From A High-Risk OB––5 Things To Know About Pregnancy And

Doctor giving COVID -19 coronavirus vaccine injection to pregnant woman. Doctor Wearing Blue Gloves Vaccinating Young Pregnant Woman In Clinic. People vaccination concept. Scary Mommy and Marina Demidiuk/Getty

On August 11, the CDC made a bold announcement. For the first time during this pandemic, the CDC unambiguously urged all pregnant people to get vaccinated.

The CDC director, Dr. Rochelle Walensky, said, “CDC encourages all pregnant people or people who are thinking about becoming pregnant and those breastfeeding to get vaccinated to protect themselves from Covid-19.” She continued, “The vaccines are safe and effective, and it has never been more urgent to increase vaccinations.”

The new guidance comes amid a surge of cases as the Delta variant runs rampant around the country, and at a time when only about a quarter of those who are pregnant have received at least one dose of COVID vaccine, according to CDC statistics.

Scary Mommy spoke with Dr. Daniel Roshan, a top, high-risk maternal-fetal OBGYN in NYC, about the updated guidance and the most important things pregnant people should know about the COVID vaccine.

The Majority Of Pregnant Patients Should Get The Vaccine

The CDC and the American College of Obstetricians and Gynecologists (ACOG) urged all pregnant people to get vaccinated, and Dr. Roshan echoed that encouragement.

He confirmed that the “majority of pregnant patients should get the vaccine,” and noted that it’s rare to tell someone they should not get the vaccine right now.

Along those lines, he affirmed that pregnant patients can and should get vaccinated as soon as it’s available to them. There is no need to wait for a particular trimester.

The Risk Of Severe COVID Is Greater In Pregnant People


Pregnant patients are at a higher risk for severe illness. Pregnant patients who have “totally no risk” can end up in the hospital after COVID infection, says Dr. Roshan.

The data supports this. “There is a threefold increase of intensive care unit admission,” according to Dr. Mark Turrentine, an obstetrics professor at Baylor College of Medicine, who is also the co-chair of a COVID-19 work group for ACOG, “two-and-half-fold increase risk of being put on mechanical ventilation or bypass support, and there’s even, you know, a little over a one-and-half-fold increased risk of death.”

To be clear, the risk of COVID infection is not limited to the mother. Dr. Jessica Ehrig, the obstetrics chief at Baylor Scott & White Medical Center in Temple, explained the dangers to the baby in a recent press conference. She said, “Complications include preterm birth and prematurity, increased risk of preeclampsia for these moms — which can require preterm delivery.” Sadly, the risk of stillbirth is also increased, according to Dr. Ehrig.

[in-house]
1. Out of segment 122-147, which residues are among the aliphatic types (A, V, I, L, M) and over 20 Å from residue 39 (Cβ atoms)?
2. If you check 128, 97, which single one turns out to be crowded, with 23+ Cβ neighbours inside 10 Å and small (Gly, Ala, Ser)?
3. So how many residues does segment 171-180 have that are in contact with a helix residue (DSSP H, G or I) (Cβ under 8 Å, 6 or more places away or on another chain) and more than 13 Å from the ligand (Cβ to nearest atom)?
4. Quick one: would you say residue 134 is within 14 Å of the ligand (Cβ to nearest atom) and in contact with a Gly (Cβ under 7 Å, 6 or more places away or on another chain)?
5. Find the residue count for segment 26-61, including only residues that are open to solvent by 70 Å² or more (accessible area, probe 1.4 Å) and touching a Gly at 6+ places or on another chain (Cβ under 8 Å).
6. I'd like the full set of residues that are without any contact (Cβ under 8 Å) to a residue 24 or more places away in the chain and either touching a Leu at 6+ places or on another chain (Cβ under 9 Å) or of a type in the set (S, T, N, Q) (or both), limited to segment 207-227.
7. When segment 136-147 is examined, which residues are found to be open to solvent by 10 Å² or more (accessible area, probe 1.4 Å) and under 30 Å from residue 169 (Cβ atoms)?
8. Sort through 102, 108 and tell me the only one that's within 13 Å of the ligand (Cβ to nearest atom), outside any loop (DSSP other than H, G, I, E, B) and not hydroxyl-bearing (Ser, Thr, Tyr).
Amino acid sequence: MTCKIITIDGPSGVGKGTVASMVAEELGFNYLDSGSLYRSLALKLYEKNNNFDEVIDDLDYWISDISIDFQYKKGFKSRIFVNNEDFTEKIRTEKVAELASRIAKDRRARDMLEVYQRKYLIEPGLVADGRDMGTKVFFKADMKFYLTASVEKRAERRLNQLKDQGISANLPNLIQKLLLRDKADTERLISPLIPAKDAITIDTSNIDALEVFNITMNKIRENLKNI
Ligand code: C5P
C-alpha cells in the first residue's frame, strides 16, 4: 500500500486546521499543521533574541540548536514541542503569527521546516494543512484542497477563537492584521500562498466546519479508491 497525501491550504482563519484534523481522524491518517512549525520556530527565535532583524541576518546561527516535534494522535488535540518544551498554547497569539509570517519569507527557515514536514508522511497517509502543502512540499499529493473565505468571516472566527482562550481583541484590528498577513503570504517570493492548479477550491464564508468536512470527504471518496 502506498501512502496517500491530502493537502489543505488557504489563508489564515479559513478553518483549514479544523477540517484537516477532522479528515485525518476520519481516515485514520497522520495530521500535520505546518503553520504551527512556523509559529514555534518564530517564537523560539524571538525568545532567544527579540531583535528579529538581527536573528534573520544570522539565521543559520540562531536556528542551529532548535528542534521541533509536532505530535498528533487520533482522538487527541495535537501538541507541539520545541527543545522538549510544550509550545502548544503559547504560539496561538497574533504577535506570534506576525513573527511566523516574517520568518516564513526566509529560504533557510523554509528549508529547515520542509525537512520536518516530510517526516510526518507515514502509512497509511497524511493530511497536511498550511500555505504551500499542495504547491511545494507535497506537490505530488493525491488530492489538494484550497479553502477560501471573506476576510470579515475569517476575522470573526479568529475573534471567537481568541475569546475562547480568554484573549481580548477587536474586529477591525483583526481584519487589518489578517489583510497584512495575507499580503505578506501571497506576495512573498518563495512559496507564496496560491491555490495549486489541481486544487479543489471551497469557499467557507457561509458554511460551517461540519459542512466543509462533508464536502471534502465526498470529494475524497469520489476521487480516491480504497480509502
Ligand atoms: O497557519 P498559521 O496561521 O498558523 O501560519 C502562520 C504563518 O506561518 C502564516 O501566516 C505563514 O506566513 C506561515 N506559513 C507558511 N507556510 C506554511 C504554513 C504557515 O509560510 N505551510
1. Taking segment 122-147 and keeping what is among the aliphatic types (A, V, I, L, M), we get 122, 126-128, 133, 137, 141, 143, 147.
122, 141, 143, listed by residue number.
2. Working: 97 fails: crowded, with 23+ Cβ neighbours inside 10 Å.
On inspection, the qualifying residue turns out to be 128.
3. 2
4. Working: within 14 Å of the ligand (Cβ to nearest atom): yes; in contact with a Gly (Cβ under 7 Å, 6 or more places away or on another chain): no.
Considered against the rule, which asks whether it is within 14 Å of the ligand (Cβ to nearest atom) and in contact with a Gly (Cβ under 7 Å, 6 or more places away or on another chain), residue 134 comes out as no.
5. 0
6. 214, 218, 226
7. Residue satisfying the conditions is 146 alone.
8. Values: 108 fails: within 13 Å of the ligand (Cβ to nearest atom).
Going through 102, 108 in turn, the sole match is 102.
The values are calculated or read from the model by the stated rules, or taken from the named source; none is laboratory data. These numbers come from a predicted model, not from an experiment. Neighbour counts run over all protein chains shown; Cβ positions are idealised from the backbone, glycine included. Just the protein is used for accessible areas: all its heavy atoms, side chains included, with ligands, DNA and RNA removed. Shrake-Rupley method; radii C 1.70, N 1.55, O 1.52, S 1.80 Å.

The COVID Vaccine Is Safe

The vaccines are safe. Dr. Roshan affirms that there is “no harm in taking the vaccine. No risk of infertility. No risk of menstrual irregularity. It’s quite safe and effective.” He noted that there have been no reported problems from the vaccine during birth.

Early data from the CDC supports his conclusion. A CDC analysis of three safety monitoring systems found that there were no safety concerns for pregnant people who were vaccinated. Likewise, another report found that there was no increased risk for miscarriage among people who were vaccinated during the first twenty weeks of pregnancy.

The Pfizer And Moderna Vaccines Are Preferable Options For Pregnant People

Dr. Roshan encourages pregnant patients to get either the Pfizer or Moderna vaccine. He notes that the Johnson & Johnson vaccine has “lower protection [against the Delta variant] and associated for blood clotting.”

Early studies revealed no safety concerns with the Johnson & Johnson vaccine. However, the CDC put out an alert for women younger than fifty. They encouraged woman younger than 50 to be aware of the rare risk of blood clots after vaccination, and noted that other vaccines presented no such risk.

The Benefits Outweigh The Risk

The broad picture is this: Pregnant patients, those who are high-risk or not, are at an increased risk of serious illness due to COVID. Vaccination is safe and effective. Not only will vaccination protect the patient, but there’s evidence of passing immunity to the babies, according to Dr. Roshan. High benefit. Relatively no risk.

With that in mind, Dr. Roshan emphasized that the benefits of vaccination outweigh the risks. Experts across the board agreed. Sascha R. Ellington, an epidemiologist who leads the emergency preparedness response team in the division of reproductive health at the C.D.C, affirmed, “At this time, the benefits of vaccination, and the known risks of Covid during pregnancy and the high rates of transmission right now, outweigh any theoretical risks of the vaccine.”

Dr. Turrentine noted the high cost of not getting vaccinated, including the ultimate cost. “”I have seen some pregnant women get really sick. I mean, I have seen some die.”

Above all, Dr. Roshan urges folks to understand that “We were lucky to have developed this vaccine fast enough…to save us from repeating what happened last year.” As a result, we need to “appreciate the vaccine.”

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